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inoculate

[ih-nok-yuh-leyt]
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verb (used with object), in·oc·u·lat·ed, in·oc·u·lat·ing.
  1. to implant (a disease agent or antigen) in a person, animal, or plant to produce a disease for study or to stimulate disease resistance.
  2. to affect or treat (a person, animal, or plant) in this manner.
  3. to introduce (microorganisms) into surroundings suited to their growth, as a culture medium.
  4. to imbue (a person), as with ideas.
  5. Metallurgy. to treat (molten metal) chemically to strengthen the microstructure.
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verb (used without object), in·oc·u·lat·ed, in·oc·u·lat·ing.
  1. to perform inoculation.
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Origin of inoculate

1400–50; late Middle English < Latin inoculātus past participle of inoculāre to graft by budding, implant, equivalent to in- in-2 + -oculā- (stem of -oculāre to graft, derivative of oculus eye, bud) + -tus past participle suffix
Related formsin·oc·u·la·tive [ih-nok-yuh-ley-tiv, -yuh-luh-] /ɪˈnɒk yəˌleɪ tɪv, -yə lə-/, adjectivein·oc·u·la·tor, nounnon·in·oc·u·la·tive, adjectivere·in·oc·u·late, verb, re·in·oc·u·lat·ed, re·in·oc·u·lat·ing.self-in·oc·u·lat·ed, adjectiveun·in·oc·u·lat·ed, adjectiveun·in·oc·u·la·tive, adjective

Synonyms

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4. indoctrinate, infuse.
Dictionary.com Unabridged Based on the Random House Unabridged Dictionary, © Random House, Inc. 2018

Examples from the Web for inoculating

Contemporary Examples

Historical Examples

  • He has disarmed it of its terrour at Muack, by inoculating eighty of his people.

  • I have succeeded in inoculating him with hopes of more fortunate chances in future.

    Alone

    Marion Harland

  • There is no fear of his inoculating me; that is to say of setting me to work, for what could one woman do?

  • They have never succeeded in inoculating it on one man from another.

  • One of the doctors had been in Albania, on an inoculating expedition.


British Dictionary definitions for inoculating

inoculate

verb
  1. to introduce (the causative agent of a disease) into the body of (a person or animal), in order to induce immunity
  2. (tr) to introduce (microorganisms, esp bacteria) into (a culture medium)
  3. (tr) to cause to be influenced or imbued, as with ideas or opinions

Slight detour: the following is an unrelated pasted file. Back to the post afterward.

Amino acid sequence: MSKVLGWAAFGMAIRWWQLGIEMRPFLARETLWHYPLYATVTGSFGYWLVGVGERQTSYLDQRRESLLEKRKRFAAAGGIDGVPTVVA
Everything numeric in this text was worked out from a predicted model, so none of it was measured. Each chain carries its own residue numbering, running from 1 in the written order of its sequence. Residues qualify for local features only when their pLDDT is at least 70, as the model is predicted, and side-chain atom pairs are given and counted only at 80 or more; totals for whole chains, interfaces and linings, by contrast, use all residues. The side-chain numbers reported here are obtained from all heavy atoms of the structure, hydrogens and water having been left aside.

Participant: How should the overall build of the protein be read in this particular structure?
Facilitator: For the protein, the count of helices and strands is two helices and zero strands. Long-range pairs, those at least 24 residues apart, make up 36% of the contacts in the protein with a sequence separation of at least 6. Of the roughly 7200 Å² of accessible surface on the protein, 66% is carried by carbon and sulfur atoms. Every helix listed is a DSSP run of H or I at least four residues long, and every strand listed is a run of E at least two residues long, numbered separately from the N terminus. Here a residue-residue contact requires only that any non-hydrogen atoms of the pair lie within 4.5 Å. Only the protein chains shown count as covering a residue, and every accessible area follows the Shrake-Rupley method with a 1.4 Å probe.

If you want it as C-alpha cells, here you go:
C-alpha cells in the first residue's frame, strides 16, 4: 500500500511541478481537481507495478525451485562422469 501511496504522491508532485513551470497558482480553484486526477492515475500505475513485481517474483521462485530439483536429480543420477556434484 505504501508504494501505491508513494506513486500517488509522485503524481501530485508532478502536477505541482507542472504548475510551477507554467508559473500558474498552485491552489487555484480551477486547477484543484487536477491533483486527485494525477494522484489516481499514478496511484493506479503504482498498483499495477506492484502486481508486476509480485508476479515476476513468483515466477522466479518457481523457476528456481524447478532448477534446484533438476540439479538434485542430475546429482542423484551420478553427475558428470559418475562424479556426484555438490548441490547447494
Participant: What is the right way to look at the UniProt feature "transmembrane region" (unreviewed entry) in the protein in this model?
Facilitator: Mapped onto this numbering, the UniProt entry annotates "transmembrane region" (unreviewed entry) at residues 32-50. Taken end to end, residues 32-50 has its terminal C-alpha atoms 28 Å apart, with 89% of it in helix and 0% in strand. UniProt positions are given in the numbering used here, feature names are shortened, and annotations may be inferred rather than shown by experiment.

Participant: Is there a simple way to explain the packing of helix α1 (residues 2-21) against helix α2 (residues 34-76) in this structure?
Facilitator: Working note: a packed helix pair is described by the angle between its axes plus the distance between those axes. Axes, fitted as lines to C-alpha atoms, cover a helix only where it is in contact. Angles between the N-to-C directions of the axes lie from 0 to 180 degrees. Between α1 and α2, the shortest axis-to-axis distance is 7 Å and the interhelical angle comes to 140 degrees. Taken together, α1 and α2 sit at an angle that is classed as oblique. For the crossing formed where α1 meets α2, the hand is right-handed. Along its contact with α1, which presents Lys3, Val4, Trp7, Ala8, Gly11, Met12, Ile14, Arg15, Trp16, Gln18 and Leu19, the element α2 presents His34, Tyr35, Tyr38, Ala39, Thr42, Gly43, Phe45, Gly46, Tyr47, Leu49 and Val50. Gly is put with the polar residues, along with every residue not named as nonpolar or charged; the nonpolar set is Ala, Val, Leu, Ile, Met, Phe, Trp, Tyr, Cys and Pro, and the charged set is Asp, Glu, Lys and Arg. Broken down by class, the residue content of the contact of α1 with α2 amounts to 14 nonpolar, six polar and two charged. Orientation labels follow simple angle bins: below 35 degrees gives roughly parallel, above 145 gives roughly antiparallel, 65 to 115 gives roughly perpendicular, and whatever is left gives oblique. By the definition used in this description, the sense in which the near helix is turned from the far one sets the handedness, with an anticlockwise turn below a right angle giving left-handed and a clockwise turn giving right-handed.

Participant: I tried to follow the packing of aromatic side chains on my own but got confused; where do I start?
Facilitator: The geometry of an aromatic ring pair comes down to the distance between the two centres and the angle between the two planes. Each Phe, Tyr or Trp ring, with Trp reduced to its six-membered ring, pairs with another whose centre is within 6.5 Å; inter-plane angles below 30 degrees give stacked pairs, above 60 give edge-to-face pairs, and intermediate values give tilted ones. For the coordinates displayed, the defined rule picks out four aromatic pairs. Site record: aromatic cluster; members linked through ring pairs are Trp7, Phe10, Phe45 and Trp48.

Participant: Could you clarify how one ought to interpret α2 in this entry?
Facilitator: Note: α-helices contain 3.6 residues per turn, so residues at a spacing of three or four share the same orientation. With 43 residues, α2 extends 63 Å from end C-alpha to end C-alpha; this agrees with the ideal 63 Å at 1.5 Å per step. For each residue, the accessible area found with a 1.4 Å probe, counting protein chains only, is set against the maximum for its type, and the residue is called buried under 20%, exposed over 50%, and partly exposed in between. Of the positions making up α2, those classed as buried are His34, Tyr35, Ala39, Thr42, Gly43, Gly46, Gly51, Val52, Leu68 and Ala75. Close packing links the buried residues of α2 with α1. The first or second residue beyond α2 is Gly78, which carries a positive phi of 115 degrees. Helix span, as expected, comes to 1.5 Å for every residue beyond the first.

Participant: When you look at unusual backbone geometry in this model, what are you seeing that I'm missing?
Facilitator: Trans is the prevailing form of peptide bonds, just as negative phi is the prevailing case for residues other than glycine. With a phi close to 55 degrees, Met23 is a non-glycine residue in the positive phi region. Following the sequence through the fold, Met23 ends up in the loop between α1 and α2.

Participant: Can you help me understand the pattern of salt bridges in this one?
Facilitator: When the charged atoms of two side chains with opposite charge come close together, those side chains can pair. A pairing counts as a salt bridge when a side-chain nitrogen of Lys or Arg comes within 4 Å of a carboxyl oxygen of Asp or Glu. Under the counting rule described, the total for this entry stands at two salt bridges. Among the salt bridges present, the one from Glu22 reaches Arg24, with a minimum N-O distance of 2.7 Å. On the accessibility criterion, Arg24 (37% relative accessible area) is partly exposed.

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Derived Formsinoculation, nouninoculative, adjectiveinoculator, noun

Word Origin

C15: from Latin inoculāre to implant, from in- ² + oculus eye, bud
Collins English Dictionary - Complete & Unabridged 2012 Digital Edition © William Collins Sons & Co. Ltd. 1979, 1986 © HarperCollins Publishers 1998, 2000, 2003, 2005, 2006, 2007, 2009, 2012

Word Origin and History for inoculating

inoculate

v.

mid-15c., "implant a bud into a plant," from Latin inoculatus, past participle of inoculare "graft in, implant," from in- "in" (see in- (2)) + oculus "bud," originally "eye" (see eye (n.)). Meaning "implant germs of a disease to produce immunity" first recorded (in inoculation) 1714, originally in reference to smallpox. After 1799, often used in sense of "to vaccine inoculate." Related: Inoculated; inoculating.

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Online Etymology Dictionary, © 2010 Douglas Harper

inoculating in Medicine

inoculate

(ĭ-nŏkyə-lāt′)
v.
  1. To introduce a serum, a vaccine, or an antigenic substance into the body of a person or an animal, especially as a means to produce or boost immunity to a specific disease.
  2. To implant microorganisms or infectious material into or on a culture medium.
  3. To communicate a disease to a living organism by transferring its causative agent into the organism.
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Related formsin•ocu•la′tive adj.
The American Heritage® Stedman's Medical Dictionary Copyright © 2002, 2001, 1995 by Houghton Mifflin Company. Published by Houghton Mifflin Company.